If you're in the New England area, I strongly recommend Readercon. It's an excellent small-scale convention with a fiction focus that attracts an impressive number of accomplished and excellent panelists. Scott Lynch and Elizabeth Bear are regulars though had to miss this year; this year saw the premiere of Max Gladstone. There was at least one rep from Crossed Genres and a significant presence of Strange Horizons folk, as well as Tor's Ellen Datlow. It was easy to bump into Kameron Hurley and Peter Straub in the lobby and simply chat with them. You don't get that kind of access and informality with such guests at most cons.

It also led to many fine panels, my favorite being back-to-back discussions of Magic: "Difference Between Magic and Science" and "When the Magic Returns," which contrasted magic and science, and then explored narratives of magic brought into the modern world. Lev Grossman and Max Gladstone were on both line-ups as their incomparably erudite selves, digging into the differences in how we experience our world and expect the magical. Even the greatest technology can feel clunky and exclusionary, whereas magic, with its precious commodity of being fictional, can meet a spiritual need the real world can't.

Julia Sidorova was the most impressive of anyone here for me, a Russian writer positing that technologies like a cell phone are "a science experiment anyone can perform," unifying us as experimenters, and soon openly disagreeing with the guest of honor about our place in evolution. Can you imagine the intelligence and confidence it takes to argue with a guest of honor about the nature of the universe in front of a crowd in a second language? Her approach to science has me hunting for her debut novel.

But the main draw of Readercon was face-time with friends. I skipped several panels simply to hang out in the bar with authors and Viable Paradise graduates, and when I could get up early enough, spent time in the lobby chatting with con-goers. It was a completely different experience from last year's Readercon where I knew few people; knowing folks enables conversations that rapidly expand into clusters. The sad point of this is when other con-goers linger nearby, looking and listening, but can't jump the social hurdle into joining. I know I'm awful at inserting myself into other people's conversations, and you never want to be intrusive. When I could, I'd reach out to such folks. As con-communities, I'm still looking for ways to systematically open us up to more low-key exchanges. Otakon, with its younger demo and enormous attendance, seems more natural at this.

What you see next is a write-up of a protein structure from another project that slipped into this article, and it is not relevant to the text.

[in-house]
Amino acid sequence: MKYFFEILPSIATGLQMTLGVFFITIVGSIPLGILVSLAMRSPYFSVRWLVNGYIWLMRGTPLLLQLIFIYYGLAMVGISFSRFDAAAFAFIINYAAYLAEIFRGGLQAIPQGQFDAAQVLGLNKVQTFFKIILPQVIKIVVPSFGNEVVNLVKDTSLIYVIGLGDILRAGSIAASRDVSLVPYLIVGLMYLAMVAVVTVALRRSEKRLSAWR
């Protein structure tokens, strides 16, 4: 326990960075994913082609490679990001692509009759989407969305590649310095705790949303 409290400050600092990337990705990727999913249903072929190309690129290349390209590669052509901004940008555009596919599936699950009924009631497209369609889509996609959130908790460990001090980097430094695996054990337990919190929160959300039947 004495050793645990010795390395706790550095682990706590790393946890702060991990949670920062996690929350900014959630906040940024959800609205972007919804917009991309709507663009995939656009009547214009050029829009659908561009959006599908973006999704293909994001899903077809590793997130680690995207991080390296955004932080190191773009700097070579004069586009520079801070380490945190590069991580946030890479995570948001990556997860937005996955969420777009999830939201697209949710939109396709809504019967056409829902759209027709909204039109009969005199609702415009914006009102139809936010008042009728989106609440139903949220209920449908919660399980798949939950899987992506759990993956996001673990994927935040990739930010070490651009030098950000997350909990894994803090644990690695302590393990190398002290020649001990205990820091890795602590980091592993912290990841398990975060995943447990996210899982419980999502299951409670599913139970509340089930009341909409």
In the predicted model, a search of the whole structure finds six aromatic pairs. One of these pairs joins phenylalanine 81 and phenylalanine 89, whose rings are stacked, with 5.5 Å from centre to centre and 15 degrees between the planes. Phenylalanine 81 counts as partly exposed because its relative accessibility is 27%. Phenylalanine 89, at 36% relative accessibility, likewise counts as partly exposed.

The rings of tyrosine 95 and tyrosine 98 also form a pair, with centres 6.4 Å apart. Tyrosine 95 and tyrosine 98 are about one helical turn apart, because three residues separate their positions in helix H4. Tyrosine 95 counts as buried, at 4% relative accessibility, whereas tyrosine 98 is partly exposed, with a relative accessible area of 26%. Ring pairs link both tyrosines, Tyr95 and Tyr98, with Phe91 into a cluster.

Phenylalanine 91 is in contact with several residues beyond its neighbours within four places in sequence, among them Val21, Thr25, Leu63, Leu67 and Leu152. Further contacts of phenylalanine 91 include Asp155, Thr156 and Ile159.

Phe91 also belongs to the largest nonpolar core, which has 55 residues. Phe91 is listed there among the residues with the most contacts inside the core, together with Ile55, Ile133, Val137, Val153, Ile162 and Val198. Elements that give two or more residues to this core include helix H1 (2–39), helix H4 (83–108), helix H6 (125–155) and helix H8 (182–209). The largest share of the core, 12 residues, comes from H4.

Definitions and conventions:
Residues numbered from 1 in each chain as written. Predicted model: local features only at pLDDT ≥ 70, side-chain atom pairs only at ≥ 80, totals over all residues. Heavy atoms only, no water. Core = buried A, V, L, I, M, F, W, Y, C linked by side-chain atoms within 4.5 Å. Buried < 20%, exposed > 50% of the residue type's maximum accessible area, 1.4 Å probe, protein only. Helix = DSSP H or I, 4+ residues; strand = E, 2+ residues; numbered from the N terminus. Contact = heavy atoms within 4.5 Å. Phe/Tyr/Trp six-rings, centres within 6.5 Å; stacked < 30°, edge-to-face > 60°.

And seeing friends after the crap of the last two months was worth every penny and midnight muscle spasm attack. Mostly I fraternized with Viable Paradise graduates, the first time I've seen several of them since the workshop itself. David Twiddy even organized a massive dinner for professors and grads on Saturday. What a mensch. Events like those enabled my personal highlights, as there's nothing better than getting smart people you like to double over laughing. Jokes about Christ Chex and dinosaur fellatio... well, clearly some of the old me is still around.

There are some sweet photos of highlights, like catching one of my writing mentors in the middle of a magic trick, but this laptop doesn't have an SD card reader. So perhaps another time. For now, I've got to catch up on sleep.

Wednesday, July 9, 2014

ReaderCon 2014

A short update this evening: despite my health, I will be at Readercon.

It feels like my system is responding to the new medication. I've already written more in the last three days than in the last month, and I was actually able to do some chores tonight.

Kids: when you get old, you'll feel pride in chores. Sorry.

This means I'm good to go to my first convention since February. Readercon is a lovely little lit-focused SF/F convention in Burlington, MA. No, not Vermont. Burlington, Massachusetts. Yes, my friends were confused by it too.

It attracts a wonderful collection of authors. While I'm bummed to see Elizabeth Bear and Scott Lynch will be absent, Max Gladstone is making what I think is his first appearance. I just finished his Three Parts Dead, which is quite fun and I'd love to pick his brain about it.

So, I'm packing and hope to see people there.I may be scarce at the evening parties, but I'll be as social as I can. Feel free to say hello. If my health is terrible, I'll apologize and excuse myself. Allegedly, I'm very friendly at these sorts of things.

Monday, July 7, 2014

The Purgatory of Illness (and Jokes)

This picture will make more sense
by the end of the essay.

We weren’t sure what was wrong, but this week doctors believed either my body was rejecting all of my medication or I’d had a nervous breakdown. Even if you know nothing about my condition, we can all agree that if you can’t tell which of those two things is wrong, you’re in deep.